The purpose of this blog is to attract and empower people like me, who have struggled for a lifetime with weight loss challenges and have felt “less than” healthy and “less than” a confident person as a result.  The title is a portmanteau of the words “endomorph” and “metamorphic.”  “Endomorph,” for those unfamiliar with the term, describes a particularly human body “style” or somatotype, specifically the type of person who easily gains fat, struggles to keep it off, and tend to have larger joints (think shoulders, hips, knees) than your average Joe.  “Metamorphic” implies major physical transformation.  But “endomorph” also literally means “inner shape,” which is strange isn’t it?  It’s not like the person who came up with the term was thinking “fat people who wish to be fit struggle with their internal demons every fucking day,” did they?  But we certainly do.

The endomorph in first-world countries surrounded by first-world foods and temptations finds itself naturally soft and weak.  We tend to have high cortisol levels as a reaction to stress, and pack weight around the midsection or thighs.  A “fat acceptance” movement exists to make people feel more comfortable, but if you’re a lazy fat person, face it, you’re not healthy.

Lazy skinny people aren’t healthy either, but it’s not a competition to outlive them, is it?  It’s a competition to have the most fulfilling life for yourself that you possibly can.  Screw worrying about fat acceptance or whether skinnyfat people are lucky or unhealthy on the inside or whatever you think about them.  It’s fine to accept yourself for who you are, it’s a part of NOT being fat and unhealthy.  But I think it’s “sub-optimal” to accept “sub-optimal” behavior from yourself, and if you accept the fact that you are fat with finality, like that’s who you are, then this is not the place for you.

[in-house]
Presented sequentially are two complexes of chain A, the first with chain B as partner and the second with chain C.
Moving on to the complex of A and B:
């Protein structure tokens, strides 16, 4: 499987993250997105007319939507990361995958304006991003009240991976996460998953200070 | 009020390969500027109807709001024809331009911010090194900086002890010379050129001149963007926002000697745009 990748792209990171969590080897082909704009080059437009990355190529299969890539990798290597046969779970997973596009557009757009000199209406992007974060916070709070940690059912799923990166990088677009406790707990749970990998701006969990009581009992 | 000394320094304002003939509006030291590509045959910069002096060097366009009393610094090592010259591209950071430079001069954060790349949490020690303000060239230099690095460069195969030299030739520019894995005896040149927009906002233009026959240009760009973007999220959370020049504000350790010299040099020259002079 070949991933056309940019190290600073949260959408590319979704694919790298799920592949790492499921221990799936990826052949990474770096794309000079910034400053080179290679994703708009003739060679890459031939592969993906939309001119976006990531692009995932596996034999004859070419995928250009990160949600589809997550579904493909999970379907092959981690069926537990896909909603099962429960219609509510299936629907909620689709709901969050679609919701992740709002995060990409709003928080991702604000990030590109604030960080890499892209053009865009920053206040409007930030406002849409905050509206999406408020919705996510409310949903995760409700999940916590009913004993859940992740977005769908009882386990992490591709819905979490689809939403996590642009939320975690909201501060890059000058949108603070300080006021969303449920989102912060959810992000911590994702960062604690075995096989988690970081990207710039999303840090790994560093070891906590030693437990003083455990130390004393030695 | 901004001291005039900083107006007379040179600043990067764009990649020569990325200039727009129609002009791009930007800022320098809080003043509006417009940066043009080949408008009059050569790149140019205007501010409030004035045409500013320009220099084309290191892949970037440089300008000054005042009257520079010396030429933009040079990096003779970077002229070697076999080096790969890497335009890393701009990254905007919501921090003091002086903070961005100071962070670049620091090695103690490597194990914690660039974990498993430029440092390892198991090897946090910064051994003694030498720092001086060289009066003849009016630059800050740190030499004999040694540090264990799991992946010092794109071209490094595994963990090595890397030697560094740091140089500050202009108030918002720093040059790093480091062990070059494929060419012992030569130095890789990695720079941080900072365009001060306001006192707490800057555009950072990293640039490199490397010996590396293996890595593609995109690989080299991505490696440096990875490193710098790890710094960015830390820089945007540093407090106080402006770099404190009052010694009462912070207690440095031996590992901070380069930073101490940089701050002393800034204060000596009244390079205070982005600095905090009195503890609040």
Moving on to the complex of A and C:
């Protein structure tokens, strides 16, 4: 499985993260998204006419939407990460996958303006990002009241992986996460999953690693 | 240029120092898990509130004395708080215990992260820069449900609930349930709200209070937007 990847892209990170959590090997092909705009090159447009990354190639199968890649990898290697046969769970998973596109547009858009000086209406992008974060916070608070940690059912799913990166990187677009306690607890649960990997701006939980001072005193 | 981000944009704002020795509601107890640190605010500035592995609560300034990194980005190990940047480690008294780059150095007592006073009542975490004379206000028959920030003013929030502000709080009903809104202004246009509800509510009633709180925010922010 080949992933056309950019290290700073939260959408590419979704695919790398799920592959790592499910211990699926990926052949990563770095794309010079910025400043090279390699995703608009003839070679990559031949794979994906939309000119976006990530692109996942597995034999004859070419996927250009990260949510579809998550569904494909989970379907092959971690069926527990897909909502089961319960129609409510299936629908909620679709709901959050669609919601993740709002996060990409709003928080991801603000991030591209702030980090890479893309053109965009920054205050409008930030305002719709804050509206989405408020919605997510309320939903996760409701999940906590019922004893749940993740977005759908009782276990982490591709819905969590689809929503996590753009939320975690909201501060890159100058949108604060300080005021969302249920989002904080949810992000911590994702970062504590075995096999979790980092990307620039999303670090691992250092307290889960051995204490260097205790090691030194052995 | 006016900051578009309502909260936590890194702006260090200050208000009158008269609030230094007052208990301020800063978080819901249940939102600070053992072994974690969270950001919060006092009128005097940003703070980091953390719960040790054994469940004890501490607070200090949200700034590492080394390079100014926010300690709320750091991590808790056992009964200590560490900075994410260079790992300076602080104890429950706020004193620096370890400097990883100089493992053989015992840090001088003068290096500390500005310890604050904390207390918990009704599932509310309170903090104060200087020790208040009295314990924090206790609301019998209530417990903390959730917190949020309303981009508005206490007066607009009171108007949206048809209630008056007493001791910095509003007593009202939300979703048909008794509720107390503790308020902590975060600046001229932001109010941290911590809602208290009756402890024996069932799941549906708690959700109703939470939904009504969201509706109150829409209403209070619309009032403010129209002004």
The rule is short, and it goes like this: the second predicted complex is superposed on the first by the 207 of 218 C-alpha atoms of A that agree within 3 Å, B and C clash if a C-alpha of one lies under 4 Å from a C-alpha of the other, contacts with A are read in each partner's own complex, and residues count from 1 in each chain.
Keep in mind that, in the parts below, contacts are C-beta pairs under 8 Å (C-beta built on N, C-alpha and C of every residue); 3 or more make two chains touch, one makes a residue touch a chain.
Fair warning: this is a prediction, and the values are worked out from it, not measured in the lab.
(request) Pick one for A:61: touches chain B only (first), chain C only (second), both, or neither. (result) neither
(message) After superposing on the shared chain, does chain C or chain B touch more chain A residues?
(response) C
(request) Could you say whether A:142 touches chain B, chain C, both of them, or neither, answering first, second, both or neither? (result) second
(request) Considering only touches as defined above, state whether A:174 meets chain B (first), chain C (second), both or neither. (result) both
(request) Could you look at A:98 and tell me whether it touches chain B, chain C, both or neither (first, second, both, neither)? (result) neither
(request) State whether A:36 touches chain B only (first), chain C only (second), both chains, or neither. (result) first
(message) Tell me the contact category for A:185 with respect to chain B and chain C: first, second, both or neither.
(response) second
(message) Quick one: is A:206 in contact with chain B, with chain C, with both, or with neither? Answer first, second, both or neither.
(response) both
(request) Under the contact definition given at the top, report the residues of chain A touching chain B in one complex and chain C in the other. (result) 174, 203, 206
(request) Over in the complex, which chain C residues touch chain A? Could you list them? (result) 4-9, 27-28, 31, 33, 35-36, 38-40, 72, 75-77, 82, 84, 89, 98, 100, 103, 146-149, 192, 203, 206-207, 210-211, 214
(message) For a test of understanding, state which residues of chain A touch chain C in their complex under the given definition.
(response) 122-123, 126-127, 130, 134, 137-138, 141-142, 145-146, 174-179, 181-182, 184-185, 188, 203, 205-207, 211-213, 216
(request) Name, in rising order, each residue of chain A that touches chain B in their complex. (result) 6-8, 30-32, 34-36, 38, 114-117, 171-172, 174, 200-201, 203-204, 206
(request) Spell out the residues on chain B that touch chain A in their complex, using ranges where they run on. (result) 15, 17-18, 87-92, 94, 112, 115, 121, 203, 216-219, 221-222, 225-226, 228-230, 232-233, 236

A metamorphosis must be imposed by the brain on the body, to give the body what it truly needs to be healthy and happy.  This process is what I call EndoMetaMorphic transformation, because it sounds cool and is inspiring to me.  It occurred to me several days ago (now months), in a gym locker room, as this entire blog materialized in my mind.  “You will write a book.  But first, you must start a blog.  It will be called  Oops, somebody already got that.  It will be called, and it will be great.”  I’ve got reams of material to share with you about my progress and how I keep myself motivated and keep finding new ways to identify progress when we think we’ve “plateaued” — this has involved so much research and effort and soul-searching and inner turmoil that I can call myself extremely fortunate to have emerged from it with a positive perspective instead of completely giving up, as I have “temporarily done for multiple years at a stretch” in the past.

You change your outside, from within.  The brain exists to get the body what it wants.  The body exists to get the brain what it wants.  Which is first?  Who wins?  Neither wins.  You are your mind, and your body.  But without volition and will, you can’t achieve anything.

Your body protects your brain and with the brain’s help, selects and obtains food to fuel them both.  Your brain makes decisions that can protect or damage your body.  Which decisions will you make with your brain?  How much better will your brain get at processing information and making decisions when you take care of your body?  The answer won’t surprise you because you already know for a fact in your heart that anything you do for your physical health and well-being is going to benefit your mind, and anything you do that truly benefits your mind is going to translate into improved health for your body.  Your body is full of organs and your brain is one of them.  It’s not the most important, nor is your heart.  In isolation they are all useless, and while it’s helpful to understand the purpose of all of our internal organs and processes, it’s most important to realize they all serve a singular purpose.  That purpose is to live, and to feel good while doing it.  It’s a total package, and in order for it to work for you, it has to work in concert, with a shared objective.  Well-Being is the goal.